6 months ago

Raspberry Pi Specs and Benchmarks: 3A+, 3B+, Zero W

We benchmark-test the latest Raspberry Pi boards (including the new 3A+). Small but mighty, the reduction in size doesn’t mean the 3A+ costs you any performance. See how the 3A+ shapes up to the Raspberry Pi 3B+, Pi Zero, Pi Zero W, and older models

The Raspberry Pi has always been the best low-cost computer, but which Raspberry Pi is the best fit for you? Our Raspberry Pi specs and benchmarks feature looks at all the current models, and helps you decide which one is the best fit for your needs.

The new Raspberry Pi 3A+ is an interesting choice, offering high performance in a compact package. The Raspberry Pi 3B+ is the all-connected model with bells and whistles (and four USB ports), while the Pi Zero family is ultra-compact.

More Raspberry Pi 3A+ information will be in The MagPi issue 76. Click here to subscribe to The MagPi.

The new Raspberry Pi 3A+

For projects where a full-size Raspberry Pi 3B+ is simply too bulky, there hasn’t been much choice: aside from the Compute Module 3, which is targeted at industrial users, the choices were the four-year-old Raspberry Pi A+ or ultra-compact Pi Zero family – and in either case it meant a dramatic drop in performance.

The Pi 3A+ comes with the promise of full-size performance in a small, lightweight, and less power-hungry package, but the only way to see if that is true or not is to put it through its paces in a range of benchmarks.

See also: Raspberry Pi 3B+ specs and benchmarks and Raspberry Pi 3: Specs, benchmarks & testing

Plus! The best Raspberry Pi case and The best Raspberry Pi Starter Kits

Raspberry Pi 3A+ spec comparison

At its heart, the Pi 3A+ is literally a cut-down version of the Pi 3B+. It has the same Broadcom BCM2837B0 system-on-chip (SoC) roughly in the centre of the board, hidden under a metal heat-spreader, which runs at the same 1.4GHz frequency. While 512MB of RAM is less than the 1GB of a Pi 3B+, the smaller 3A+ can certainly hold its own.

Looking back at the original Pi A+, it’s hard to imagine they’re from the same family: from a single-core 32-bit 700MHz processor and no networking to a quad-core 64-bit 1.4GHz processor with built-in wireless LAN and Bluetooth, the 3A+ should prove a serious upgrade for users of its predecessor.

Raspberry Pi 3A+ specifications

  • SoC: Broadcom BCM2837B0 quad-core A54 (ARMv8) 64-bit @ 1.4GHz
  • GPU: Broadcom VideoCore IV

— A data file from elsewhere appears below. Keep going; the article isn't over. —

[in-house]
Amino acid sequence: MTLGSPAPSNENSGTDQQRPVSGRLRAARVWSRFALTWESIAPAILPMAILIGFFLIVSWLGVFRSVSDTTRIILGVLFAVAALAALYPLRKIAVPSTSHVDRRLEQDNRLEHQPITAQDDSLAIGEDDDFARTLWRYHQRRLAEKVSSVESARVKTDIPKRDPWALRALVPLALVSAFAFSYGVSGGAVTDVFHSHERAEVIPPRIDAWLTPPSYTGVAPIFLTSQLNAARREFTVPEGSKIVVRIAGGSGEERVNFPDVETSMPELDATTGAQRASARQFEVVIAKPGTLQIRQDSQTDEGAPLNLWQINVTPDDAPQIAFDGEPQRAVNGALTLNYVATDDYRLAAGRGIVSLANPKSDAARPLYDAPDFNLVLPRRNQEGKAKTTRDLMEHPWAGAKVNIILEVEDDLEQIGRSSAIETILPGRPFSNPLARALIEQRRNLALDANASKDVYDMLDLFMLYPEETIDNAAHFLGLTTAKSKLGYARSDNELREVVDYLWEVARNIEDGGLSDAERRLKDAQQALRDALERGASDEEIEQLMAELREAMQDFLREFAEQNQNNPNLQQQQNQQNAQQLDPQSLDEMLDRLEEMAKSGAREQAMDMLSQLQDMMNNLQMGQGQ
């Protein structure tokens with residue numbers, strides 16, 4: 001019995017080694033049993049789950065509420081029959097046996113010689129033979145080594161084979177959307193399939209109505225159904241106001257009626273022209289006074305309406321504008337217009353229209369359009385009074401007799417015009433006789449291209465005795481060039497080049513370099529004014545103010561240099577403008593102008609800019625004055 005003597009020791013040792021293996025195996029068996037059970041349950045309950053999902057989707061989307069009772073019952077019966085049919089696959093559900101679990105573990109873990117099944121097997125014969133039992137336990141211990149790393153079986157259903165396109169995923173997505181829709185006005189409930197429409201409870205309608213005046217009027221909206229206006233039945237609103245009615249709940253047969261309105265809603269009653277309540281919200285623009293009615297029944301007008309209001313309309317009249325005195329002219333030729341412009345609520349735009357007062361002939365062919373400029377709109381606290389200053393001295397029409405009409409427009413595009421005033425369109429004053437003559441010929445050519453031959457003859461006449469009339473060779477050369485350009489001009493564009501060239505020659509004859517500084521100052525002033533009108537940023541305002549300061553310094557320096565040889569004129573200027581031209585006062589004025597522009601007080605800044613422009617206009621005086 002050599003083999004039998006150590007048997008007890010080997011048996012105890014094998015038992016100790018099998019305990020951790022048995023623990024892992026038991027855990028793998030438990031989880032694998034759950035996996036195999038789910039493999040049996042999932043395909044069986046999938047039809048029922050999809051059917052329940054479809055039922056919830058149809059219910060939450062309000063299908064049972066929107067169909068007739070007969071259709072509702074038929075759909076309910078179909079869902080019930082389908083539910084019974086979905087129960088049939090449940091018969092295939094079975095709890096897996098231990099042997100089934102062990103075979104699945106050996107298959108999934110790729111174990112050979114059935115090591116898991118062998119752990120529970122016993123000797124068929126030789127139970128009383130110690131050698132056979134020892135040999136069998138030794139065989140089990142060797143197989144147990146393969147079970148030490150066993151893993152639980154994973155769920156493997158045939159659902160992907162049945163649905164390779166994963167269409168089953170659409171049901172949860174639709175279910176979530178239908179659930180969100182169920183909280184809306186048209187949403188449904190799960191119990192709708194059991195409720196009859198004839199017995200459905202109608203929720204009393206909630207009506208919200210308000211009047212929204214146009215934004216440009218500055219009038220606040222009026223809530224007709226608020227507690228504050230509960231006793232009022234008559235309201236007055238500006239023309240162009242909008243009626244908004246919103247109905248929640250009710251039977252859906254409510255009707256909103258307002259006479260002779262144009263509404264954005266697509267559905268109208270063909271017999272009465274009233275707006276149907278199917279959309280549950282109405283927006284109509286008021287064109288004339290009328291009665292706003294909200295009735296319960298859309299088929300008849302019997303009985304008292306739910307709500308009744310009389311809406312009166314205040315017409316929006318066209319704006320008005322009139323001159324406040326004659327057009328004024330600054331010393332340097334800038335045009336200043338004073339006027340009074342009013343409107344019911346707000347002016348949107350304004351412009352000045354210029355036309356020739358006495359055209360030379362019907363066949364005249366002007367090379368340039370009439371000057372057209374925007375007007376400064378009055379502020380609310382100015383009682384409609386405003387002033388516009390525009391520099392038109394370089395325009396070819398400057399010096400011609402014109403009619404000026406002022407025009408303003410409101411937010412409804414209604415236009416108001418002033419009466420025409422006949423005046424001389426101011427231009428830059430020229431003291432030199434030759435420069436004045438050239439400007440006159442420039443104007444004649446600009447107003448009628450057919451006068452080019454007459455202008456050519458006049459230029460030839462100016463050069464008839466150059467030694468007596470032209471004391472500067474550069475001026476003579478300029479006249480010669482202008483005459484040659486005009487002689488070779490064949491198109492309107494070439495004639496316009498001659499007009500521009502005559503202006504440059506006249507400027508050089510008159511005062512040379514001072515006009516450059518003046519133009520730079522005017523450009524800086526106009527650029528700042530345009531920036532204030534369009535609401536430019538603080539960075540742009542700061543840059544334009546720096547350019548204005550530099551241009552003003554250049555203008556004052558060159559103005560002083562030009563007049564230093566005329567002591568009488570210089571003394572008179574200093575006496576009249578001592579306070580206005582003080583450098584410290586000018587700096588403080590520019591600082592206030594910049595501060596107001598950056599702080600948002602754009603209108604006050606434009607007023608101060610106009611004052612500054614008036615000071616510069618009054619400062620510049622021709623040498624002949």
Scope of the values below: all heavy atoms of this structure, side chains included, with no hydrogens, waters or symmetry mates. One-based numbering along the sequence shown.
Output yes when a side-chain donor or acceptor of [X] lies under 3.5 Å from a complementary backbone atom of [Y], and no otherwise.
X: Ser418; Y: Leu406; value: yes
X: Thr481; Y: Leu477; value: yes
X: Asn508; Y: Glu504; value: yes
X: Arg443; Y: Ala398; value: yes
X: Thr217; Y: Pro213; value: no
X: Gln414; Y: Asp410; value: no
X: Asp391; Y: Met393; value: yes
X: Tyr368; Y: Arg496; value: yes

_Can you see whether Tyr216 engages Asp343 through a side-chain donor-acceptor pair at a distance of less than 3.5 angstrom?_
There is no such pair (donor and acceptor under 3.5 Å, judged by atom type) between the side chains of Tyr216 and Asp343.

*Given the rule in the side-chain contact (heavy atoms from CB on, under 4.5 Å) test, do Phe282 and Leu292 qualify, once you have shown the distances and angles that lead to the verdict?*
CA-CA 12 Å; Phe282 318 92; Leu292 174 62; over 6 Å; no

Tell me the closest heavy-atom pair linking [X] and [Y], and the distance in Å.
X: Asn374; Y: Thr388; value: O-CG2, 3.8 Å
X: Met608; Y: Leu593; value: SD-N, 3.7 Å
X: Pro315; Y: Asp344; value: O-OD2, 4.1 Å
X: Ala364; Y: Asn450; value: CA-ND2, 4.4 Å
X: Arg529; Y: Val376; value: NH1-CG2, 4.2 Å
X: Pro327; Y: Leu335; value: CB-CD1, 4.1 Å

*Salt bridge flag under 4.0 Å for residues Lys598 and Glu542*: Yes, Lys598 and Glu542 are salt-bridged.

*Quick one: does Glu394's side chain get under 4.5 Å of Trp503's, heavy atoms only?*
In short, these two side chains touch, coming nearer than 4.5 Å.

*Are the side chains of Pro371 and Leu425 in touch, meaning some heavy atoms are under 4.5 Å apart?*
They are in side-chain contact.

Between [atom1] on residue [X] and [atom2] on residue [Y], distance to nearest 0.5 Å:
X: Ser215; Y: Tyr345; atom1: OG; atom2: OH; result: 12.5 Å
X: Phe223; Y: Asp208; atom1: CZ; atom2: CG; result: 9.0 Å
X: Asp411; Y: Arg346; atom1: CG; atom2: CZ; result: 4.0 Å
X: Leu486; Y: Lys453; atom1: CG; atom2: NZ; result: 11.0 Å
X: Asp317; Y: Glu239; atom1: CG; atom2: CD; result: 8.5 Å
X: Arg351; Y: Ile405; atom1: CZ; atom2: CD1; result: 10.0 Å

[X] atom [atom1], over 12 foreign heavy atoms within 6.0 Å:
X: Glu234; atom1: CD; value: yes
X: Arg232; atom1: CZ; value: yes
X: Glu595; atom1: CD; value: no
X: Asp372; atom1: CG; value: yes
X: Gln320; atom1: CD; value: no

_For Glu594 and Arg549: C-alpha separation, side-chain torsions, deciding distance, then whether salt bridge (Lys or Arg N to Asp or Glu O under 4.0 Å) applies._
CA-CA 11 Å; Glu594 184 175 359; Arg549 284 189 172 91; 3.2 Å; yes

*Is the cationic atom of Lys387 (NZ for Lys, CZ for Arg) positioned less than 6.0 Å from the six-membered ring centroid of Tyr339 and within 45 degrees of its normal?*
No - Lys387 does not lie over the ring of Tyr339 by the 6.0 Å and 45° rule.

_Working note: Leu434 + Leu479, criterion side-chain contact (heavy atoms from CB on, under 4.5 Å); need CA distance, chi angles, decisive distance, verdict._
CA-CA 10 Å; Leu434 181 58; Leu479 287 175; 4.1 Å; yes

• Networking: 2.4GHz and 5GHz 802.11b/g/n/ac wireless LAN
  • Bluetooth: Bluetooth 4.2, Bluetooth Low Energy (BLE)
  • GPIO: 40-pin GPIO header, populated
  • Storage: microSD
  • Ports: HDMI, 3.5 mm analogue audio-video jack, 1x USB 2.0, Camera Serial Interface (CSI), Display Serial Interface (DSI)
  • Dimensions: 67×56×11.5 mm

Raspberry Pi benchmark test results

Python GPIO: Higher is better

Designed to highlight a real-world bottleneck, the Python GPIO benchmark switches a single pin on and off while a frequency counter measures how quickly the pin is toggled. The faster a Pi’s processor, the faster the pin can be toggled before the processor hits its limit.

SysBench CPU: Lower is better

Designed to focus on the central processor’s performance, the SysBench CPU benchmark tests how quickly a Pi can perform prime number calculations. For Pi models with quad-core processors, the test is run twice: once with a single thread using only one of the cores, and again with four threads using all four cores.

SysBench Memory Throughput: Higher is better


Processor performance is only part of the puzzle when it comes to overall system performance: in the SysBench Memory Throughput test, measurements are taken to show how quickly a Pi can read and write to the random-access memory (RAM) in 1kB chunks, reported in megabytes per second (MBps).

Power Draw: Lower is better

More performance typically means more power used, and here each Pi is connected to an HDMI display, wireless keyboard, and, where applicable, a WiFi or wired Ethernet network before two measurements are taken: the power used, in watts, while the Pi is sat idle at the desktop, and again while running a CPU-heavy application.

Size & Weight: Lower is better

The biggest difference between the Pi 3B+ and the 3A+ is their respective sizes. Here the footprint of each Raspberry Pi model is measured from its widest points – to include the size of the ports which sit proud of the board – and its weight measured, both important aspects for embedded and robotics applications.

Raspberry Pi Thermal Performance: Cooler is better

The Pi 3B+ benefited from a change to the way the system-on-chip (SoC) is attached to the circuit board, allowing it to better dissipate heat. With the 3A+ having a smaller board, this test captures thermal images under heavy CPU load to show how well the two designs cope.

Raspberry Pi 3A+ thermal image

Raspberry Pi 3A+ thermal image (above)

Raspberry Pi 3A+ thermal image (above)

Raspberry Pi 3B+ thermal image

Raspberry Pi 3B+ Thermal Image

Raspberry Pi 3B+ thermal image (above)